• Hand Craft Later in handcraft, using harder materials, for instance various types of wood, stronger forces of will are needed. The limbs and the whole body are engaged in this activity. There is a difference in the experience of making soft toys, a stuffed animal for instance, to that of an animal carved out of wood. In the first instance, soft material, flat pieces of material, receive their nature from inside. In the case of carving an animal out of wood the hard material receives its nature from outside. Again in the first instance, the child makes manifest in the stuffing of the animal, the filling out processes in his or her own body. In woodwork, however, a person works like the action of water, sculpting the rock over which it flows. A child is only really ready for this sort of activity from about the twelfth year on, after the child’s formative forces have developed his or her body. Only then is it possible for the growing human being to harness these inwardly acting forces and work with them outwardly, fashioning his or her materials.
  • Craft Work Finally, in craftwork, the adolescent should have a chance to find a growing sense of confidence and ability in the realm of work. Correspondingly, the desire to find where he or she can contribute something in the world around can awaken an interest in the practical affairs of life. (See further under the handwork and craft curriculum notes.)

To sum up, it could be stated that while all handwork engages the whole human being, it is essentially in the following ways that handwork affects a growing child:

  • it lifts motor activity to the realm of skill
  • it transforms willpower into beauty of form
  • it changes what would otherwise be an insignificant activity into a virtue.

Only when the pupil, the craftsperson responds sensitively to the nature of his or her materials and the correct use of his or her tools, is motor activity raised to the realm of skill.

Only in working artistically with design, colour and from is willpower transformed into beautiful form.

And only when these two aspects are combined in work that also allows the person to have a sense of fulfilment, a sense of true purpose in his or her work, can what might otherwise be an insignificant act be raised to the status of a virtue.

These then could perhaps be called the Three Transforming Powers of handwork, powers that are essential for the unfolding of true human development.



True education aims to serve the needs of the whole human being, Head, Heart and Hands are brought into a particular relationship with each other in the practice of handwork and crafts. In these lessons pupils have the opportunity to ‘tangibly grasp’ the world and give expression to their latent creativity.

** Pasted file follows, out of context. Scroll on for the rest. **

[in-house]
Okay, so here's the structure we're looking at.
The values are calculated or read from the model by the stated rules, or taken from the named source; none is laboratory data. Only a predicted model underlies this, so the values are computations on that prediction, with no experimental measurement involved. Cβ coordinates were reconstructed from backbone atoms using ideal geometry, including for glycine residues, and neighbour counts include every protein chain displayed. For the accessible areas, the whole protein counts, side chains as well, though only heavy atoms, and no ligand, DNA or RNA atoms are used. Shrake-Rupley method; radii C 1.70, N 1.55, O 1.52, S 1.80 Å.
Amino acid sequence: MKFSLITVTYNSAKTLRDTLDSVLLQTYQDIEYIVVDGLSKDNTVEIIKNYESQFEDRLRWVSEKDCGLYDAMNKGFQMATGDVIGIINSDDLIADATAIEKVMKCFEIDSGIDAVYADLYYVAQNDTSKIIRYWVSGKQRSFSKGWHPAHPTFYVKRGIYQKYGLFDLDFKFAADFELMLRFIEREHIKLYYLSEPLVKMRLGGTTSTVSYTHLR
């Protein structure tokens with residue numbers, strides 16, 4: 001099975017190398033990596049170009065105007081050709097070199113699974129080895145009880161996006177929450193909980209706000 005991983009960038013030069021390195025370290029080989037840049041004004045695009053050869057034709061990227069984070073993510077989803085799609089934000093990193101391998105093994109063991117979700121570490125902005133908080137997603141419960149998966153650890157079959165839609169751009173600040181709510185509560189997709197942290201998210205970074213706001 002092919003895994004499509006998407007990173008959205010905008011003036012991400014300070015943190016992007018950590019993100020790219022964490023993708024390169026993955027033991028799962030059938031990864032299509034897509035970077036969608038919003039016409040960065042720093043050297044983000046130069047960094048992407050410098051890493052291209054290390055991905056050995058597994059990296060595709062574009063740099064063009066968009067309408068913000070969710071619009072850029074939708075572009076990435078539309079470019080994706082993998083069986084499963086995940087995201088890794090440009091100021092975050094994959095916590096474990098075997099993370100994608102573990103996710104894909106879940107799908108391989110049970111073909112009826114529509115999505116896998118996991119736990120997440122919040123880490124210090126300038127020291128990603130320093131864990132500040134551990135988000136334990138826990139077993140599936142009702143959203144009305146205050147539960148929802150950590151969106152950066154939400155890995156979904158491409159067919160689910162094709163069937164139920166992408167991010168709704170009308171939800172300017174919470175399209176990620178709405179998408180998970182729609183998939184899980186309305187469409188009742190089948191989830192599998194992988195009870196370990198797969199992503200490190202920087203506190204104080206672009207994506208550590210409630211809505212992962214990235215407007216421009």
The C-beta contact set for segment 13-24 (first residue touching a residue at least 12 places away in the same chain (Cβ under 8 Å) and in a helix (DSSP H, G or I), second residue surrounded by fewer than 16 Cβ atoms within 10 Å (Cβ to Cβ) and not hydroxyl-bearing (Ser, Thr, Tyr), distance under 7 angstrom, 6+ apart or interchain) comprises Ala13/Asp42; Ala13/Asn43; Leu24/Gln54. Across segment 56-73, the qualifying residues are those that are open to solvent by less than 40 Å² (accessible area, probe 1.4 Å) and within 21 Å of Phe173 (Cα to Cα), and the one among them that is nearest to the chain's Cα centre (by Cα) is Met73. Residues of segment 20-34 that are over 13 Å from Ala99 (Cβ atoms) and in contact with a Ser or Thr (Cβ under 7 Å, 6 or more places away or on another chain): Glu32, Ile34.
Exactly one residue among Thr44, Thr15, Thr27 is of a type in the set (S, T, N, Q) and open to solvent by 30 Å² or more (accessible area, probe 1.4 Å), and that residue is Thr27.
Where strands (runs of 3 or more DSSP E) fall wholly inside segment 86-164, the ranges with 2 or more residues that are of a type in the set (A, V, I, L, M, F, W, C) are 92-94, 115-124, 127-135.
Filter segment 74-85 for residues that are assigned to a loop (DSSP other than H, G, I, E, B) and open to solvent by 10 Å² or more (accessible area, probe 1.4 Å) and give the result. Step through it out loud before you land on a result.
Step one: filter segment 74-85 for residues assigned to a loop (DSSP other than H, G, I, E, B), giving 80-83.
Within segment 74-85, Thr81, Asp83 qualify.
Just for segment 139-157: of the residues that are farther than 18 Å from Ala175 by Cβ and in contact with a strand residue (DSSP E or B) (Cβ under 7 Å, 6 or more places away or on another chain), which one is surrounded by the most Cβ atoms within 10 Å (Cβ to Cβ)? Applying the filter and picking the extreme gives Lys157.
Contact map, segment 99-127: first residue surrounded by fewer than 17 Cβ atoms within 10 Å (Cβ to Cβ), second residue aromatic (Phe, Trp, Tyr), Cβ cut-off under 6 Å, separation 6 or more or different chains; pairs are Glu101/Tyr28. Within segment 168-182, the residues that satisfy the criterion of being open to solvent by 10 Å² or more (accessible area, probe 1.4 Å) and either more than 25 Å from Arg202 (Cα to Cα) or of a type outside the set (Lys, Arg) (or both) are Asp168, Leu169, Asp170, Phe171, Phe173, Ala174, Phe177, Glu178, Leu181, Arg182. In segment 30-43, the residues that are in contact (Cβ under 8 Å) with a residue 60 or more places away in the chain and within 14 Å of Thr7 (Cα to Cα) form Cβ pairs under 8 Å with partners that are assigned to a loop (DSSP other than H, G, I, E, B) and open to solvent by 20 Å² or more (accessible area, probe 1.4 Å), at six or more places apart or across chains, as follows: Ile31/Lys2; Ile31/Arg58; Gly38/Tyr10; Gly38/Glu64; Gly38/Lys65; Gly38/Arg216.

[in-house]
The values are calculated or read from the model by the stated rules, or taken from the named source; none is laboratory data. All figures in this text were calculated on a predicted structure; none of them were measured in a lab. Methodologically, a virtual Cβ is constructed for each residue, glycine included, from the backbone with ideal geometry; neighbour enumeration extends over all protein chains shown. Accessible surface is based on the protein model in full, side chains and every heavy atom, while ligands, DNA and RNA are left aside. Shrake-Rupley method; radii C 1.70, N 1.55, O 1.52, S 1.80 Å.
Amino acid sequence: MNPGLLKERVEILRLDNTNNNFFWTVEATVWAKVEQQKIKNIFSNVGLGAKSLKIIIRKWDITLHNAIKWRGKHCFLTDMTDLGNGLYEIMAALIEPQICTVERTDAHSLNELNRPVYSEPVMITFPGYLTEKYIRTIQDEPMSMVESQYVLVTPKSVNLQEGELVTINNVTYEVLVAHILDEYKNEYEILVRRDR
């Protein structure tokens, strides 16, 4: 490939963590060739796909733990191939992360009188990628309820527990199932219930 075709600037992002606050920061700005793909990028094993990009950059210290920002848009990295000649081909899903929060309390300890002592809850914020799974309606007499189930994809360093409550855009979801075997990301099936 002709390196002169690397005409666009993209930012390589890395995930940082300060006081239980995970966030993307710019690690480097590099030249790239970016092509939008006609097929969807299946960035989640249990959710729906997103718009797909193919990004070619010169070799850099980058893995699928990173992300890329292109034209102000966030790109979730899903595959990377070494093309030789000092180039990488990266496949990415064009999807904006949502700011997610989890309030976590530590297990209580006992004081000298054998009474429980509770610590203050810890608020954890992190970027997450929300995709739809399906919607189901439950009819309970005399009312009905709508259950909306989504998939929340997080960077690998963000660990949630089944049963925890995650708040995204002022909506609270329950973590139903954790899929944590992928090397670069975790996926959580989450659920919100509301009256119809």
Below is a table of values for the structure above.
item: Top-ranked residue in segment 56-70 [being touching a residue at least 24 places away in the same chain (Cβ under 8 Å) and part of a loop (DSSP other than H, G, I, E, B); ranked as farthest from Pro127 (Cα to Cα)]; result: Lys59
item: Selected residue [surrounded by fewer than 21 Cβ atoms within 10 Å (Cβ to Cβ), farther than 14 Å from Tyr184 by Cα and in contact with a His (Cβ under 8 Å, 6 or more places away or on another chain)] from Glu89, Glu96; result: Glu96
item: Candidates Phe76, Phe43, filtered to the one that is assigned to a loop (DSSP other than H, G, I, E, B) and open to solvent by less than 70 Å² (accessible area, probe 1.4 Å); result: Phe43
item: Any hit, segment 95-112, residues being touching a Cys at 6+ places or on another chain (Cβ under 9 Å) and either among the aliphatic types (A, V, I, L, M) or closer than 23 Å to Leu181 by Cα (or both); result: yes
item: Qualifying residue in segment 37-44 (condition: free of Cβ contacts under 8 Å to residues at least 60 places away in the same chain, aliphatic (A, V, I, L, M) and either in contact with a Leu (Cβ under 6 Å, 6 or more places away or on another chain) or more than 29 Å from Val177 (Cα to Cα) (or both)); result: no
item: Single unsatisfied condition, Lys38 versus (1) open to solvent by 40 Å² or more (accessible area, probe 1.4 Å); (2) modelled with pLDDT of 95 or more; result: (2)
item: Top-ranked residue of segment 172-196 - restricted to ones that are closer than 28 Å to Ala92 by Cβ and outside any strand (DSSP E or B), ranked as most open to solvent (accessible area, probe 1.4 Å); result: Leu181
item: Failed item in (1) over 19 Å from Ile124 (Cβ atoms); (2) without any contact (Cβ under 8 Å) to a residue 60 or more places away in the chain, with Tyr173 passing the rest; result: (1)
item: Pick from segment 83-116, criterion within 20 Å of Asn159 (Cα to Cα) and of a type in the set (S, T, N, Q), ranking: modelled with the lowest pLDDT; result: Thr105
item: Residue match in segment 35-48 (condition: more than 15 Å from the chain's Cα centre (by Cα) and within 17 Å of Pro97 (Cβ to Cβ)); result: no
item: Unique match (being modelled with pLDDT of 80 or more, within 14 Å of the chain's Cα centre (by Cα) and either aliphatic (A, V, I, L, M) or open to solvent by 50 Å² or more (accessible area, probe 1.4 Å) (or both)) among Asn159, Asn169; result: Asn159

Handwork and craft activities not only serve to educate the pupils in the nature and processes involved with the different materials, the use of tools and equipment, etc., but there is also inherent the therapeutic aspect from which the pupils benefit.

For it is in the very nature of handwork/crafts to Bring Order and to Bestow Order. To bring order to the materials used and to bestow order upon the maker.

In the practice of ceramics, for instance, a potter not only leaves his imprint, his thumb print on the clay, but is also inwardly impressed by the creative process at work. By ‘impressed’, is meant the formative element working to’ Ground’ and give ‘Shape’ to the newly released Astral Body,particularly so in the young person.

In addition to the educational and formative benefit that crafts can offer there is the definite element of manual skill training and for the older students a useful introduction to an experience of real work.

Apart from these benefits, the involvement in craft work offers the pupil the challenge to learn to work from the conceptual through to the material. In this process the pupil will be guided to experience and become conscious of exercising, at the hand of the work place, very human attributes, both on an emotional and intellectual level.





{Design –                                                                                                    CONCEPTUAL

{Ideation                                                                                                    Thinking activity

{Preparation of Material

{Plan ahead


2) ACTION – Process


The craftsperson brings his/her                                                   ACTIVITY

hands to bear upon the materials –                                              Practical Involvement

workpiece, and works out of the

mental picture that he/she has





As I proceed I exercise judgement as                                          Engagement of Feelings

to the shape of workpiece. Forming




Where possible younger pupils classes 1 – 6 will receive handwork lessons on a weekly basis, guided by the class teacher and practised at home.

From classes 6 – 12 the handwork and craft lesson take on a more formal approach with increasing time spent in the various craft workshops both indoors and outdoors.

The following curriculum is an indication of the Development the handwork curriculum can take and a brief description of the pedagogical relevance for each activity.




Nursery Class